Blood and the bean counter

Crime fiction, with a colonial flavour, is what Abir Mukherjee specialises in

68-abir-mukherjee Abir Mukherjee | Nick Tucker

ABIR MUKHERJEE PLOTTED his first murder before he turned 40. In the last two years, he has been on a rather thrilling, much avidly followed, killing spree. His victims meet their deaths in varied ways: a British officer gets his throat slit, a prince is assassinated, and now, a very messy stabbing.

An accountant-turned-fictional murderer, Mukherjee is a fresh new voice on the crime writing scene. He turned to bloodier pastures because he wanted more in life. It sure seems that he has a flair for murder. And, solving it.

His first, A Rising Man, was the outcome of winning the Harvill Secker crime writing competition in 2016. This book set him firmly down the path of crime. His second, A Necessary Evil, won the most coveted crime prize last year—the Crime Writer Association’s Historical Dagger. His third book, Smoke and Ashes, has just hit the stands.

Mukherjee creates vividly imagined plots set against the backdrop of a changing political landscape in British India—post the World War I. He explores the seamier side of the Empire—and, Calcutta—amidst the charged politics in India, with Gandhi emerging as a leader. Sam Wyndham, who comes back from the war to take a job in India, ably assisted by his sergeant Surendranath Surrender-not Banerjee, battles the system to solve crimes.

“The Raj period is not really taught in British schools. I think that, in itself, says a lot,’’ he says in an email interview with THE WEEK. “I learnt more about German history in the 1920s and 1930s, than I did about British history in the period. I really learned about the Raj from romanticised period pieces like The Jewel in the Crown and A Passage to India. I found it difficult to square those accounts with what my parents would tell me.”

Crime fiction in Britain is serious business. And, even more so, in Scotland. In a country obsessed with murder (the bloodier the better), creating a new detective, likeable, flawed with just the right amount of angst and popularity, is not easy. Mukherjee’s Captain Sam Wyndham—opium-addict, detective and failed lover—has done just that. And, has carved a space for himself in just two books.

He has been quickly and warmly adopted into the crime writers’ club—Val McDermid tweets about him—and beyond that in Britain and America. It is at home, in Calcutta and beyond, that he needs to find a space. His work, especially the opium dens and Chinese dons, is reminiscent of Ray. In Smoke and Ashes, the notorious kingpin is in Calcutta. There are two brutal murders, and Calcutta is at a standstill with the non-cooperation movement.

Mukherjee uses crime fiction, as the Scots do, to hold up a mirror to society. “Scottish authors such as William McIlvanney, Val McDermid and Ian Rankin transformed the crime novel into a medium for social commentary,” says Mukherjee. “Through them and others, the crime novel has evolved, and the detective has become a tool for holding a mirror to the society we live in. For me, growing up as a fan of such fiction, the crime novel was therefore the natural choice for me, when I wanted to explore issues of Raj-era India.”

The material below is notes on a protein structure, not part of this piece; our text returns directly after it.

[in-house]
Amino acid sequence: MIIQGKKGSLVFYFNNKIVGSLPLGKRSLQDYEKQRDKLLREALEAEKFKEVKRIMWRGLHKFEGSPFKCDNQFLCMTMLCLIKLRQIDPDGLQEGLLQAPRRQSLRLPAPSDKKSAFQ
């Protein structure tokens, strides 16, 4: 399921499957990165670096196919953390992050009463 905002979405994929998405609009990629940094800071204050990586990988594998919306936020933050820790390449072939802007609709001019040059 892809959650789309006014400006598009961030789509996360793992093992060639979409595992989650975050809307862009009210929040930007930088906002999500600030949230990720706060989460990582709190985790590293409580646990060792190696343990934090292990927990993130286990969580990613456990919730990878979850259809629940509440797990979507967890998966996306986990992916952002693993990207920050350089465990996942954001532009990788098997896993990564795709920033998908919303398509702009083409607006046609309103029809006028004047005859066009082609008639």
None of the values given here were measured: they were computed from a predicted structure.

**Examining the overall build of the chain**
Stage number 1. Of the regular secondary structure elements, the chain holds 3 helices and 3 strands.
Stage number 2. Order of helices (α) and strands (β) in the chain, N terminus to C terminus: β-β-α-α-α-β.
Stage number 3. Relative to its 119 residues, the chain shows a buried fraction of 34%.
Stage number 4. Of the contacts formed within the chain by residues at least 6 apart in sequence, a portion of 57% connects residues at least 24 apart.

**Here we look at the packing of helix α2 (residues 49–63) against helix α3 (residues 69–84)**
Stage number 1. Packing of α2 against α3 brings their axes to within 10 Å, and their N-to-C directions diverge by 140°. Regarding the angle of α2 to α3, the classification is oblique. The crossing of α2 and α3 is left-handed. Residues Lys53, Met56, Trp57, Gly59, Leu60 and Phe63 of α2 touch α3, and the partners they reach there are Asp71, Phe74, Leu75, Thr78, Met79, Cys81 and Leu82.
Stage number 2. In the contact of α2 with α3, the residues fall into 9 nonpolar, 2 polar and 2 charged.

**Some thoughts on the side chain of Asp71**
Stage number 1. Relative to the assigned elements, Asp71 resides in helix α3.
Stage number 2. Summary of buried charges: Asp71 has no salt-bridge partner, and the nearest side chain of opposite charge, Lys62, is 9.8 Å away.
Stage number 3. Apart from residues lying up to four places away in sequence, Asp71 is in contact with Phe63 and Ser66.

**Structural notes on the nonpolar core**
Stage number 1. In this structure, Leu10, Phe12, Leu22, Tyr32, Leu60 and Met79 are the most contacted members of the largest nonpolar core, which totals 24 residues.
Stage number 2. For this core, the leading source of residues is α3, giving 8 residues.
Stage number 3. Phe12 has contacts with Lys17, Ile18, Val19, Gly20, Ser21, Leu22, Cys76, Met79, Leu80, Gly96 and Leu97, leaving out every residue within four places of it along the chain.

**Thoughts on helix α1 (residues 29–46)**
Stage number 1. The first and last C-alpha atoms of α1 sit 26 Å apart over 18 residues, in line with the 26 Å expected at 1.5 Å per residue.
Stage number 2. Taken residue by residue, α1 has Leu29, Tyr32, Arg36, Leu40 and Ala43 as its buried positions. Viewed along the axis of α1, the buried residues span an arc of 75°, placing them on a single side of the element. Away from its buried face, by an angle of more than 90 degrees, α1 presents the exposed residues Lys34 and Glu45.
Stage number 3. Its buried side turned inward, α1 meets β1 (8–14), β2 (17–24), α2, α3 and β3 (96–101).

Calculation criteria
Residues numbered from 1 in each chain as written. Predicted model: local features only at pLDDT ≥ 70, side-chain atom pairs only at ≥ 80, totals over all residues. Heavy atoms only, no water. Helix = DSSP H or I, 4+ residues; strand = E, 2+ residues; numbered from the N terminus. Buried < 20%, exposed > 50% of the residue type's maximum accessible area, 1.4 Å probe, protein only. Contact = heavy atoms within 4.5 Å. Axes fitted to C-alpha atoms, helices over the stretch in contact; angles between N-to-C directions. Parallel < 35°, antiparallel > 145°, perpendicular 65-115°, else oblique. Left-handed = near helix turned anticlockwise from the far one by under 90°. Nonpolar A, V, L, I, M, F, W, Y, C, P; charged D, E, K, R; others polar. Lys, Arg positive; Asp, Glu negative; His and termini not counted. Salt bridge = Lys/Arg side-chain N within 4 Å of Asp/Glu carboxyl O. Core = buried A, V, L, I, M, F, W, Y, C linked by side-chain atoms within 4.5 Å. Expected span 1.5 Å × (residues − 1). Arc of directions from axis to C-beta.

His world is grey. There are no heroes, there are plenty of villains, and fighting for freedom also has its price. This might be a little difficult for an Indian—read true-blue Bengali—audience as he writes about beloved icons in his latest book. Especially, with Bose. The friction between him and Surrender-not, who is a black sheep for not being patriotic and giving up his police job, is palpable. The question is whether Indian readers will be able to stomach real characters in the midst of fictional setting? “I think that period in history has contributed so much to modern India and Britain, and it was a time that saw the best and the worst of both peoples,’’ he says.

Mukherjee always wanted to write, but never had the confidence. “There was no problem in me wishing to follow a literary career. My father wrote Bengali fiction and our house was always full of books. But, like most Indian families, the need to have a practical, paying career came first,’’ he says.

So, he still has a day job. Writing, then, takes place in the evenings and on weekends. Mukherjee uses fiction to fill in the gaps of history. “If there is one story I do want to tell, it would be the man-made Bengal famine of 1943, in which 3 million people died. Very few people in Britain today have even heard of it, let alone know its causes,’’ he says.

Mukherjee’s books, however, are an ode to Calcutta, the only true hero, if any in the books. “I love Calcutta,’’ he says. “My sense of ‘Bengaliness’ and all the cultural ramifications that it entails are wrapped up in that city. It is still home to my uncles and aunts, and a few years ago my father, after 40 years in the UK, passed away back in what he considered his home city. There is something special about Calcutta. Despite all its problems, both past and present, it has a certain spark; a vitality and a sense of humour that is unique. To me it is still one of the great cities of the world.”

There are many more murders in store. He has another two planned already. There will be more blood. Soon.

Smoke And Ashes

Author: Abir Mukherjee

Publisher: Harvill Secker

Pages: 352

Price: Rs 599